Friday, February 11, 2011

Spectrum Industries Receives Distinguished Honor

The Wisconsin Economic Development Association (WEDA) honored Spectrum Industries, Inc. yesterday with the Outstanding Achievement by a Business award. WEDA’s primary objective is to increase the effectiveness of individuals involved in the practice of economic development in Wisconsin by encouraging cooperation, exchange of information and promotion of professional skills. Spectrum, in turn, was honored for its innovation, its positive culture to facilitate employee development, and its dedication to community programs.

“It is an honor to be recognized by WEDA for Outstanding Achievement by a Business. This award is a testimony of Spectrum strengths and values of providing innovative and high value products and services to customers, putting us on top of our industry market!” said Scott Dorn, Executive Vice President, Sales & Marketing at Spectrum Industries.

Spectrum looks forward to continued growth, innovation, and community participation. Thank you to all our stakeholders for you continued support!

Happy Birthday, Tommy!

If he were alive today, the 164-year- old Thomas A. Edison would have seen a few of his predictions of innovation come true.

Most people when asked the question, “Why is Thomas Edison famous?” would probably come up with this answer; “He invented the light bulb.” Although it is true that Edison was a prolific inventor with nearly 1,100 patents in his name, he did not invent the light bulb … but I’ll get back to that in a moment.

Edison, as a semi-retired inventor, spent many hours speculating on innovations to existing inventions. He had some misses among the predictions, but he was also right on with many of his speculations. Robots doing manual labor, steel replacing wood in furniture, the rise of electric trains over the steam-powered trains and even the smart phone were among his ideas that, in many ways, have now come true.

Now, back to the light bulb. Edison did not invent the light bulb, but he advanced the design of the existing light bulbs until he came to today’s modern incandescent light bulb. Edison also had innovations on the fluoroscope (X-ray machine) and the motion picture camera among the long list.

"While we maybe don't have quite the faith in technological progress that his generation did," said Paul Israel, director and general editor of the Thomas A. Edison Papers Project at Rutgers University in New Jersey. “Edison as a symbol of American innovation still resonates in the culture."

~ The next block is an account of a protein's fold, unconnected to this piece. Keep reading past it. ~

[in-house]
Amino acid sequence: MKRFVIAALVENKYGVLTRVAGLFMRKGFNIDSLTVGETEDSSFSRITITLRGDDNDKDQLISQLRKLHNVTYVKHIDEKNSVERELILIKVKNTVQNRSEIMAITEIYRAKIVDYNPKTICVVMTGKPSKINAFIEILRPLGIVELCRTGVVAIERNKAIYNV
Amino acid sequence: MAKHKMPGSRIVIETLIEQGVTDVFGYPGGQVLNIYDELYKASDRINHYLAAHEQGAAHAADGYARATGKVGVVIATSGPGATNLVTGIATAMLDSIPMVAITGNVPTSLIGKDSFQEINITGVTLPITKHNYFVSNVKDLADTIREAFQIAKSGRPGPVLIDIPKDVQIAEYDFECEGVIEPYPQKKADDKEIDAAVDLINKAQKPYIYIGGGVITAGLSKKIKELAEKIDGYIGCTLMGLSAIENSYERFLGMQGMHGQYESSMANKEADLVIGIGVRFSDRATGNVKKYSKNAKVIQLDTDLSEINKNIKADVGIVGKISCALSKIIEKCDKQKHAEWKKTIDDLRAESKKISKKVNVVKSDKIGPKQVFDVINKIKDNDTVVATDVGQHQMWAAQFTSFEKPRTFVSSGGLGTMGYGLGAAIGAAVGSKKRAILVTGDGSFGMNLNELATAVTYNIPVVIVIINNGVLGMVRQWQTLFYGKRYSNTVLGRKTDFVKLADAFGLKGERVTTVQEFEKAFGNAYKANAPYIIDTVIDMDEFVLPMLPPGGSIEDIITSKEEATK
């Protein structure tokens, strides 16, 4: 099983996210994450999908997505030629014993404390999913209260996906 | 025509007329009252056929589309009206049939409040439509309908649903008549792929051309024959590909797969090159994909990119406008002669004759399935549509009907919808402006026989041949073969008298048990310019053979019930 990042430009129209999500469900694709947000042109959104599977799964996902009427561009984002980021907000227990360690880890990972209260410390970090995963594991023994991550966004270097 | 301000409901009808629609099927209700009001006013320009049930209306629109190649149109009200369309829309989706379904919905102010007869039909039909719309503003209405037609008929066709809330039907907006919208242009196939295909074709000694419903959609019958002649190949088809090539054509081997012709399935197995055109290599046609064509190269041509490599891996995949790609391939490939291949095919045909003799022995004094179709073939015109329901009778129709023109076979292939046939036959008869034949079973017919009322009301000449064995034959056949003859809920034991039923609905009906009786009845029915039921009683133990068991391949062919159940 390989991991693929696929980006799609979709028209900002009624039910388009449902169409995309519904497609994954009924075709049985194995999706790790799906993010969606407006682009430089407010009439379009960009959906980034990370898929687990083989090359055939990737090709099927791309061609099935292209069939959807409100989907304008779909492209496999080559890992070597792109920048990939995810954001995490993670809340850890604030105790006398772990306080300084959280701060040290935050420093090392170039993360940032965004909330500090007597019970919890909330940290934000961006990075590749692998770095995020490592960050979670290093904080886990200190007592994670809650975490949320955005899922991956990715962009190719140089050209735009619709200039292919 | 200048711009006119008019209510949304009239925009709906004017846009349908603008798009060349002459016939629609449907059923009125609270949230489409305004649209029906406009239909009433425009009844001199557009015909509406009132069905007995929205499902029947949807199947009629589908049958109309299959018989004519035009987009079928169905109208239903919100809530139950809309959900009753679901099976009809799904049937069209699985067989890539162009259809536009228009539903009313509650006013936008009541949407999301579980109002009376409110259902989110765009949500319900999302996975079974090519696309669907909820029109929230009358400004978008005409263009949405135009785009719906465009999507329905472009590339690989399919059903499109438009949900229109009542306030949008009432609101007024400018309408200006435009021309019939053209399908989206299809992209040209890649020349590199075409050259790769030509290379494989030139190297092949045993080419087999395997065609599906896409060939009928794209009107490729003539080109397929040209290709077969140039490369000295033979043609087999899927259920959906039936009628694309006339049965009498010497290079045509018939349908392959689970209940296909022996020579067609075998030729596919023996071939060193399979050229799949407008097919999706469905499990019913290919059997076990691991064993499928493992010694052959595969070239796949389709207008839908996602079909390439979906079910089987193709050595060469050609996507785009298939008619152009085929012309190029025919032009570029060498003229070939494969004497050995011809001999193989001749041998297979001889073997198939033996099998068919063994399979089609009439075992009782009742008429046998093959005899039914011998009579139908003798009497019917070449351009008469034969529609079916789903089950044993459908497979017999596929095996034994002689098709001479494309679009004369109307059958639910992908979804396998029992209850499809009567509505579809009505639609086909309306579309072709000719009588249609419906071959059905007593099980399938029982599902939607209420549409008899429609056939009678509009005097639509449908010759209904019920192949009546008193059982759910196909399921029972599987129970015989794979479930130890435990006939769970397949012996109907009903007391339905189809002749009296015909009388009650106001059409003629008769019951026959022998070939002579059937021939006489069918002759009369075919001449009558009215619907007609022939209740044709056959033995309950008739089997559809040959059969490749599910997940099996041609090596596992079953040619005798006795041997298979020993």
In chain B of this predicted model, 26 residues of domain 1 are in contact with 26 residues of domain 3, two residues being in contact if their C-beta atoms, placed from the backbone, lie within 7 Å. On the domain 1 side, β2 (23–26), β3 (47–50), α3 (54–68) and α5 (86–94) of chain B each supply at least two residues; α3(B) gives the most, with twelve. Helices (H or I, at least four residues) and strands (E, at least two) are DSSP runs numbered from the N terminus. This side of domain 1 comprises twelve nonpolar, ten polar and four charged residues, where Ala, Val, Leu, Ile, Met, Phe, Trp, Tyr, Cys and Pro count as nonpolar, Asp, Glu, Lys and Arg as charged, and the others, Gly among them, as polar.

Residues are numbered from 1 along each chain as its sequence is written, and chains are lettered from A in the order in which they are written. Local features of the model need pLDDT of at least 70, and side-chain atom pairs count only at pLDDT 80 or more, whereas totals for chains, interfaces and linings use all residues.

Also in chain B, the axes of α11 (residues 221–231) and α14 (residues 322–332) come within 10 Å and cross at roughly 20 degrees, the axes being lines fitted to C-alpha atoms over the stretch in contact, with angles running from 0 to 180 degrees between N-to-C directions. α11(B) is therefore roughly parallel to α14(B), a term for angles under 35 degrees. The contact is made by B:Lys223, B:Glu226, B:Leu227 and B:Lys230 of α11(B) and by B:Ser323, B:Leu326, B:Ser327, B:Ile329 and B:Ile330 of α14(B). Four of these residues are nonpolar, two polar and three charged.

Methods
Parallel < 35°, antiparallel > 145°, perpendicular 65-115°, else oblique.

American innovation runs deep at Spectrum Industries, Inc. Founder/president Dave Hancock was an early inventor of plastic manufacturing processes going back to the 1950’s. Spectrum continues to be known for its innovation today, and much like Edison, we know that being able to add value to peoples’ lives requires being familiar with existing technology. As technology changes at a lightning-fast pace, we’ve also discovered that listening to our customers is key to success.

Certainly a big “thank you” goes out to our wonderful customers for their support and their ideas. And especially today, thanks goes out as well to the great American innovator Thomas A. Edison for laying the groundwork for future innovators.

Monday, February 7, 2011

Congratulations Green Bay Packers!

Quite often success is so sweet that we forget the potential barriers that were hurdled just to get there. Such was not the case for the current Super Bowl champion Green Bay Packers. It has been very well documented that Green Bay had 16 players placed on injured reserve this season. Time after time, it seemed that players came out of nowhere to successfully fill the voids left behind from each subsequent injury. This continued even into the ultimate NFL game, with injuries to key players being overcome to win the Super Bowl.

But to achieve the ultimate NFL season goal, there was certainly more to the Green Bay organization than what was seen on the surface. It took continuous adjustments to strategy while preparing the entire team for game-changing obstacles. Equally as important, the Packers had the team chemistry to overcome challenges during the entire season. How often do we see high-profile free agents being brought in attempt to press the “Easy” button and make things right? Sometimes it works, but sometimes it disrupts the locker room to the point where season goals are not met.

Overcoming challenges is a service specialty at Spectrum Industries, Inc. Our customers often have major obstacles to overcome such as budget constraints and special project needs – even when financing is available. We go out of our way to find the best solution for our customers to obtain grants and funding for their projects. When other companies say “Here’s our product – take it or leave it!” Spectrum will find the right solution, even if it is not in our catalog.

Custom orders present their own set of obstacles when drawing upon different resources – be it material or personnel – to get the job done. But we’ve been there before. Spectrum will not push the “Easy” button to get cheap oversees materials. Nor do we feel the need to tap our competitor’s talent base. We take pride in using the best local materials available, while our team chemistry is second to none.

The outcome? Our products are built locally and built to last. Our entire catalog is based on customer needs, and our customer service is legendary. When we hurdle potential barriers, we simply call it “Continuous Improvement”. And when we make sure that our customers’ obstacles are overcome, everyone’s season goals are met.
Way to go Packers!